Photography News 79 WEB

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Keep it clean

Blower brushes, lens brushes, wipes, tissues, micro fibre cloths and specialist sprays are all available for cleaning lenses and sensors. Buy dedicated lens cleaning kit and you can’t go too far wrong, and well- known brands include Zeiss, Lenspen, Hahnel, Lee, Rosco, Spudz, Kenro and Eclipse. Most of the time, all you need is a dry clean so use a blower/lens brush to remove any surface debris. But if your lens has fingerprints or water marks, you will need to do a wet clean. You could keep your lens pristine by using a protection filter and, speaking of filters, remember to give them a regular clean, too. Dirty sensors are common, but if you find the idea of sensor cleaning

daunting, you may prefer to pay for a professional clean – many dealers offer a sensor cleaning service. But if you find yourself with a mucky sensor when you’re out on location, a self clean is the only option, so being geared up is a good idea. Dust on the sensor may not be a problem, because of what you shoot. If you’re a portrait worker and shoot at f/5.6 or wider, dust spots won’t be visible, but if you are a landscaper shooting at f/11 and f/16, debris and marks will show up in areas of even tone. This is due to greater depth-of- focus, the zone of sharp focus behind the lens, at smaller apertures. Check how dirty your sensor is by setting the lens’s smallest aperture

and shooting a plain subject (ie a cloudy sky or a sheet of white paper). To make any dust stand out, move the camera during the exposure or defocus the lens. Or you could use a sensor loupe, which a magnifier with an LED light built in. Sensor cleaning brands to consider include Dust-Aid, Eclipse, Green Clean and VisibleDust. If you decide to clean your sensor, follow the instructions or head online – there are loads of how-to videos, so check a few out before you even think about it and take great care. Alpine Spudz - Green Clean –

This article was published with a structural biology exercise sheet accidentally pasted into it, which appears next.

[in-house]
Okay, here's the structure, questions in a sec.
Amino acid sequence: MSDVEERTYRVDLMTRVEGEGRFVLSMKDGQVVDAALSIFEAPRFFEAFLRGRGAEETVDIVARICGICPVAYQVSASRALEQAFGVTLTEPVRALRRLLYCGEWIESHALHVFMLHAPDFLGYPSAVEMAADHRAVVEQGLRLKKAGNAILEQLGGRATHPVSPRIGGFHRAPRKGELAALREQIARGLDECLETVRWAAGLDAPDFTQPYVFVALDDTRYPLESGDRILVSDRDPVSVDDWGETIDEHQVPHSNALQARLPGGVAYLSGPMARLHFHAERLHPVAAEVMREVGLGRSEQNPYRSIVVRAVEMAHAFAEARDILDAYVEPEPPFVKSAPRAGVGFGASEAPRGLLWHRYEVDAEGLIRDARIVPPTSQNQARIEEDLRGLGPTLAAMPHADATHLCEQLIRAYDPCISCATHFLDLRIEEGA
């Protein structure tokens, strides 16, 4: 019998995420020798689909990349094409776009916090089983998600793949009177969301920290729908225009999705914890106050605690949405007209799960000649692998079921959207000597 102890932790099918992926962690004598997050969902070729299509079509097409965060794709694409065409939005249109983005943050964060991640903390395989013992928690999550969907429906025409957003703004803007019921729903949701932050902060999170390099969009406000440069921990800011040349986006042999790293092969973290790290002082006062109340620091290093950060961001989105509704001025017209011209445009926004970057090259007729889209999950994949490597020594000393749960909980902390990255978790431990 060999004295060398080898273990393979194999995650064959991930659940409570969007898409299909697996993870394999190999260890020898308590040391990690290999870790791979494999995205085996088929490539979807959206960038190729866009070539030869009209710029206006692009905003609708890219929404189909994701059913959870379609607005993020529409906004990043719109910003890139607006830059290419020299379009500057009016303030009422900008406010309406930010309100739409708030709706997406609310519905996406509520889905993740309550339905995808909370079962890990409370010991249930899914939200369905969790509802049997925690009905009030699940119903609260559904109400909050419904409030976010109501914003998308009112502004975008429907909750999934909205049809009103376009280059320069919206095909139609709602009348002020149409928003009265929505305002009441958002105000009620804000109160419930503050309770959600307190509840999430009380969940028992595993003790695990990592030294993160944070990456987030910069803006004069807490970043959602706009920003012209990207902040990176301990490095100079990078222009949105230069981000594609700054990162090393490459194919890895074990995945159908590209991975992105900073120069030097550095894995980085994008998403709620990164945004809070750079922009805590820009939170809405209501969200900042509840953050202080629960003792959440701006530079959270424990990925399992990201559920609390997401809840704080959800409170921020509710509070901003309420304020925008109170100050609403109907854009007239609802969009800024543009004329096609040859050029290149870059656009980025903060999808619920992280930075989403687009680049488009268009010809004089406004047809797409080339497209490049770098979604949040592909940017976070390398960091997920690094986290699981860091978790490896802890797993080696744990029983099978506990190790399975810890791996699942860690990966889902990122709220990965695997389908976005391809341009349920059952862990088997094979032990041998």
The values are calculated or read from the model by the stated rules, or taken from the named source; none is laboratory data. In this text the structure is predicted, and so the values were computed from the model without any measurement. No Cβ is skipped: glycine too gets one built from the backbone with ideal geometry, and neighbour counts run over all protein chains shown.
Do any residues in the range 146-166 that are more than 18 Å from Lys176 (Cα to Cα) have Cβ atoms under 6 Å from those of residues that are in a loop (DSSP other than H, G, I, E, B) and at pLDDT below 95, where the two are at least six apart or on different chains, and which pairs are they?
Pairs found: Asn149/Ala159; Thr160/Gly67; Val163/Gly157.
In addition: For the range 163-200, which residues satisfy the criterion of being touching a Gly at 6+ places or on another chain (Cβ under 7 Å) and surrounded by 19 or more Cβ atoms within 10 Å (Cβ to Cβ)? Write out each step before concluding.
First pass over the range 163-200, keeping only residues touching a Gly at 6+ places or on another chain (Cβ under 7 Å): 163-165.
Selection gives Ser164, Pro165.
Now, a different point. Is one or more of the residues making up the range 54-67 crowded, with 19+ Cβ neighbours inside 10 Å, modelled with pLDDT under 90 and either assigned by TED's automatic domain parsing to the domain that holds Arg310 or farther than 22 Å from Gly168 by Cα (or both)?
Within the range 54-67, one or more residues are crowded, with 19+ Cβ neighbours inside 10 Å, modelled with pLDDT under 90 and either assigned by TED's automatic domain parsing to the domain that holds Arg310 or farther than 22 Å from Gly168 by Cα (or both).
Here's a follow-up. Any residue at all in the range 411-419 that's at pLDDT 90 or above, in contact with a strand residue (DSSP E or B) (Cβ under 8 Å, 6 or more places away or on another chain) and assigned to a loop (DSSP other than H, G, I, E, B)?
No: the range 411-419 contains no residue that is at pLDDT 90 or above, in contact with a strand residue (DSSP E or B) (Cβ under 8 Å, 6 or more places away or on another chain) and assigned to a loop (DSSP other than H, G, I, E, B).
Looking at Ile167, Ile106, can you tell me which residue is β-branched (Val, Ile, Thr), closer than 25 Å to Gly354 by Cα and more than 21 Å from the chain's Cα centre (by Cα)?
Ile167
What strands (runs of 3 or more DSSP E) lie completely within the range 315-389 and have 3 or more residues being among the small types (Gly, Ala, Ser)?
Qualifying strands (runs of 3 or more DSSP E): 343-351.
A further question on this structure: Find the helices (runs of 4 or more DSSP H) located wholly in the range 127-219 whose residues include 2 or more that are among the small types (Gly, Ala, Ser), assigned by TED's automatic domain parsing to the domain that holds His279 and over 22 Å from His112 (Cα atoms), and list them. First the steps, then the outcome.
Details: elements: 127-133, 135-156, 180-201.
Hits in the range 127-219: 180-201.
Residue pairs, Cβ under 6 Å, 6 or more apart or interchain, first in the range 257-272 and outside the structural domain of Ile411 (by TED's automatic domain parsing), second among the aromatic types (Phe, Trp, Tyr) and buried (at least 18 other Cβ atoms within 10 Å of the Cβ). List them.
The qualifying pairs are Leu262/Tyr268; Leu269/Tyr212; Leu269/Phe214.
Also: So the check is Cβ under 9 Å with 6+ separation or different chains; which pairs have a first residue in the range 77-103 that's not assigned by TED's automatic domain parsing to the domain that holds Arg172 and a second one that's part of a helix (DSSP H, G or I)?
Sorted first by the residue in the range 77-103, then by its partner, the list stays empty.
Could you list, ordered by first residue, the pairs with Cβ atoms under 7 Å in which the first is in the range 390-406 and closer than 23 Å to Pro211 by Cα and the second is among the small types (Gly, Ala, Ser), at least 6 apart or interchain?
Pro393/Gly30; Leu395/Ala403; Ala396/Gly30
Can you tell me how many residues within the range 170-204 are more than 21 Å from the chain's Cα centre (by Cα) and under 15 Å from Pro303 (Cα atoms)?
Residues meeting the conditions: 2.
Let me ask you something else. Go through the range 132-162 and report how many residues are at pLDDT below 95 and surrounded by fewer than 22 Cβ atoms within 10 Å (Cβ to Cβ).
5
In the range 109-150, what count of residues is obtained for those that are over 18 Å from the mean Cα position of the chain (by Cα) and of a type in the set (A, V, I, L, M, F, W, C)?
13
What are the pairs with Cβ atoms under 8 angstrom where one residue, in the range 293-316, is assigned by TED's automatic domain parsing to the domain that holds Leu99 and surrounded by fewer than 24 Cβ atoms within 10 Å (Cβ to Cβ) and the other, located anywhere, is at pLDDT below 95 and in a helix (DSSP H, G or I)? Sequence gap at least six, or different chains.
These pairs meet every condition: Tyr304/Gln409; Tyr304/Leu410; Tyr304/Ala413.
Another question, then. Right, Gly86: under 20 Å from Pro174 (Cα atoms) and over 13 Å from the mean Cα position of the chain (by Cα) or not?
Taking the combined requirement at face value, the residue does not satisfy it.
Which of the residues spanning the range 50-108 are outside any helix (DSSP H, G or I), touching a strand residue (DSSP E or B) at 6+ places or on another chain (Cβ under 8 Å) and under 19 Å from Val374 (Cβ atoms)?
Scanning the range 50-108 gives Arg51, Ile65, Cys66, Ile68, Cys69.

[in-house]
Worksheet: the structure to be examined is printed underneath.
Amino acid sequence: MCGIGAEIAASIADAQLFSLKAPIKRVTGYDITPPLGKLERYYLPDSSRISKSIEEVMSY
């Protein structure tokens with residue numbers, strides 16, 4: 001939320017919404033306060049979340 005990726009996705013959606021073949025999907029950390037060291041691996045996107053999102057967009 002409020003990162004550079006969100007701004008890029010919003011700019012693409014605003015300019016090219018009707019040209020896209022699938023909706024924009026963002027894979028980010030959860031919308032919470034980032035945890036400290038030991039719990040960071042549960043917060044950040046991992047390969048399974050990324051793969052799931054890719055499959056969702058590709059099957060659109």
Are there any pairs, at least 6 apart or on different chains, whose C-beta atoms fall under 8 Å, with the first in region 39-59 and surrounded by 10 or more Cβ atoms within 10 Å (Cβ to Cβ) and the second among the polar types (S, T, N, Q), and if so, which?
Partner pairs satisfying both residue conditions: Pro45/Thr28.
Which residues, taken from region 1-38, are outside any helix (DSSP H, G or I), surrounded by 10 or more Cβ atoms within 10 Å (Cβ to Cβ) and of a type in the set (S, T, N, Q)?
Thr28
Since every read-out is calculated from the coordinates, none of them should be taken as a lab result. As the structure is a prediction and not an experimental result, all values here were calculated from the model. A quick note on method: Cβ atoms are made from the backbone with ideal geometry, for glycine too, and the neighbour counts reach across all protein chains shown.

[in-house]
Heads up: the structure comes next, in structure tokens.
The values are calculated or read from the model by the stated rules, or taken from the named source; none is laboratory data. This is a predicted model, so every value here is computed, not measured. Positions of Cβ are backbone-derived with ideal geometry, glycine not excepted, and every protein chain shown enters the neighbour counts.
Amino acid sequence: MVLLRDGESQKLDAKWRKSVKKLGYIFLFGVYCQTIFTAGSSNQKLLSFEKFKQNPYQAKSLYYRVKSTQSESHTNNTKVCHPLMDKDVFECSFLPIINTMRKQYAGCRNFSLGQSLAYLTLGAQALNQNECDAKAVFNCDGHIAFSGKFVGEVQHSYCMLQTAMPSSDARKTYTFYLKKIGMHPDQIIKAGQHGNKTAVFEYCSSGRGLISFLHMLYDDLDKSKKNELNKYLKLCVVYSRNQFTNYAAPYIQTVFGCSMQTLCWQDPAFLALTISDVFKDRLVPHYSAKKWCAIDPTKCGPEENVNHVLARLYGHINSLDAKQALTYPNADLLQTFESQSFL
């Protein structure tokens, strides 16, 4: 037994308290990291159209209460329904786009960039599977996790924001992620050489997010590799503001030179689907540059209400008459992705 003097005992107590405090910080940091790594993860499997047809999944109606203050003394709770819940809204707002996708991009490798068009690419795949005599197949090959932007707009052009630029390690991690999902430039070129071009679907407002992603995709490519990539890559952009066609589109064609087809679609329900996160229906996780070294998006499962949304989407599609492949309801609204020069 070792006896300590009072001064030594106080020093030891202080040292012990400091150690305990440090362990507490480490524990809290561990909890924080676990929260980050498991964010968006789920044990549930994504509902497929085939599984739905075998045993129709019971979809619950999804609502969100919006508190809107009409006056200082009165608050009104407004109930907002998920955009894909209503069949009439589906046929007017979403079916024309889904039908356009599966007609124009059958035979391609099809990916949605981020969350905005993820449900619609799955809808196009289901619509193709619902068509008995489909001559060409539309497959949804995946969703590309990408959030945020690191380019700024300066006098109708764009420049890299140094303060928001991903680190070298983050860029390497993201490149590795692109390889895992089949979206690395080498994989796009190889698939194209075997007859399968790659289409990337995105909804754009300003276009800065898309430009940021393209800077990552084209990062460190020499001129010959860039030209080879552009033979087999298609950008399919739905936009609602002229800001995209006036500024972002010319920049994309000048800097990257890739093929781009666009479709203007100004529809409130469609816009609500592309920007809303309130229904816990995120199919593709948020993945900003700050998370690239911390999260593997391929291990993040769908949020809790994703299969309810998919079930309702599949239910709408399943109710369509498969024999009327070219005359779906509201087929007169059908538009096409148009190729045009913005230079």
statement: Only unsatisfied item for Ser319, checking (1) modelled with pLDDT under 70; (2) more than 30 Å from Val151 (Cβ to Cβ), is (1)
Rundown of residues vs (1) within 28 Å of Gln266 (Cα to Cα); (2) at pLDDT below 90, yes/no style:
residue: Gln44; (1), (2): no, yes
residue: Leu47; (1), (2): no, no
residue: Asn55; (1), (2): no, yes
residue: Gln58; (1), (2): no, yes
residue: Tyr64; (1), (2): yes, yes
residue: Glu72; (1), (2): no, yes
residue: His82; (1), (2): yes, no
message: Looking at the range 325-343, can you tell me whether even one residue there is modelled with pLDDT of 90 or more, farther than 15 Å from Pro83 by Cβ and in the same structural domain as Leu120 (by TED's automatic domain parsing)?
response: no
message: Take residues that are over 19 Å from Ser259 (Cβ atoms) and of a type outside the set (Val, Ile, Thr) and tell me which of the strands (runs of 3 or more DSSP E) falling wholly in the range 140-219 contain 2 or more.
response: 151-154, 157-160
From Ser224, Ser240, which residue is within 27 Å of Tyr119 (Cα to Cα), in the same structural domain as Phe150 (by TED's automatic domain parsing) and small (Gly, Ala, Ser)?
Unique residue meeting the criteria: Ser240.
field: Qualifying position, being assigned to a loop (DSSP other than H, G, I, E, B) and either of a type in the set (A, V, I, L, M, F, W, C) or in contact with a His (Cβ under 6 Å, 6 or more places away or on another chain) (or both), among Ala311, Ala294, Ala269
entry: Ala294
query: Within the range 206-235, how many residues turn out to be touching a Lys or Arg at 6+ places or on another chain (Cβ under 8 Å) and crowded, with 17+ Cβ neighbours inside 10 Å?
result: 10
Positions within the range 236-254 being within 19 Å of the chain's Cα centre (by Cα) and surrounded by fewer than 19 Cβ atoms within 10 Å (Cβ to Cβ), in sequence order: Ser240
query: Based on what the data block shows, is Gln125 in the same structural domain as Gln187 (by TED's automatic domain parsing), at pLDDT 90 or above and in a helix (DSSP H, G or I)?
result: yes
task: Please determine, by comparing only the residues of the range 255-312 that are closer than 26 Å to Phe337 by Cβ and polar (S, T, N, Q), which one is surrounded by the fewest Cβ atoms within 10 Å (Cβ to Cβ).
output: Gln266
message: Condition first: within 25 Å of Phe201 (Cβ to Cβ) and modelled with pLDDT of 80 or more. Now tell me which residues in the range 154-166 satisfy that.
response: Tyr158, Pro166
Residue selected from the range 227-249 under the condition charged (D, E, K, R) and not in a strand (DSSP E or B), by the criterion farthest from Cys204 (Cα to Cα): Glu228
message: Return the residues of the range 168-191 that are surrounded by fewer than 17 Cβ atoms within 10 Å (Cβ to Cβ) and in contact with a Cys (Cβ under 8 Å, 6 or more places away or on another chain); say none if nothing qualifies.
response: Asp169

Improve your light

Having a flashgun in your armoury is one thing, but you should consider the quality of light it delivers as there is a huge variety of accessories available to change their output if you prefer a different look. Modifiers come in all shapes and sizes, from moulded slip- on plastic diffusers to softbox set-ups that aim to emulate the quality of studio flash output. What suits you best depends on what sort of pictures you shoot and you may end up with a range of modifiers to suit different situations. There are no hard and fast rules, but a slip-on plastic diffuser is probably the sensible option for fast-moving situations, while a Velcro-based or magnetic system with grid, softboxes and diffusers will suit shoots where you have more time. Honl Photo –  Magmod – essentialphoto. Rogue –

ABOVE VisibleDust has a range of sensor cleaning products on offer. Pictured is its Arctic Butterfly in action. For lens cleaning, Spudz cloths are effective and very convenient, too

Solid support

Filter facts

Very good camera and lens image stabilisers are available, but a support is still an essential accessory, with the most popular and most useful being the tripod. If you need a tripod for occasional use, a £50 model might suffice, but for more serious use, a cheap pod is no good at all. As is often the case, the more you spend, the more you get. As a rough guide, £100 will get you a decent pod for smaller, mirrorless cameras and £150-200 will get you one usable for full-frame cameras. Tripods are available with aluminium alloy or carbon-fibre legs, the latter being lighter but more expensive. If you have the budget, a carbon pod is worth the investment and if looked after will last you a good long time. Buy a size that suits your needs – that doesn’t just mean what you like to shoot, but also your own physicality as there’s no point buying a tripod you can’t carry along with your camera bag. Aspects to consider other than material include maximum height (with and without using the centre column), minimum height, number of leg sections, feet options and the centre column design. For many photographers, the best option is the travel tripod. These combine excellent stability, good features and portability, and don’t be fooled by the ‘travel’ tag because some models are seriously substantial. Some tripods come with a head. However, most are sold legs only and you add a head. It is worth saying that there is no point getting a solid set of legs and topping it with a flimsy head. Low-cost heads don’t hold the camera firmly and come with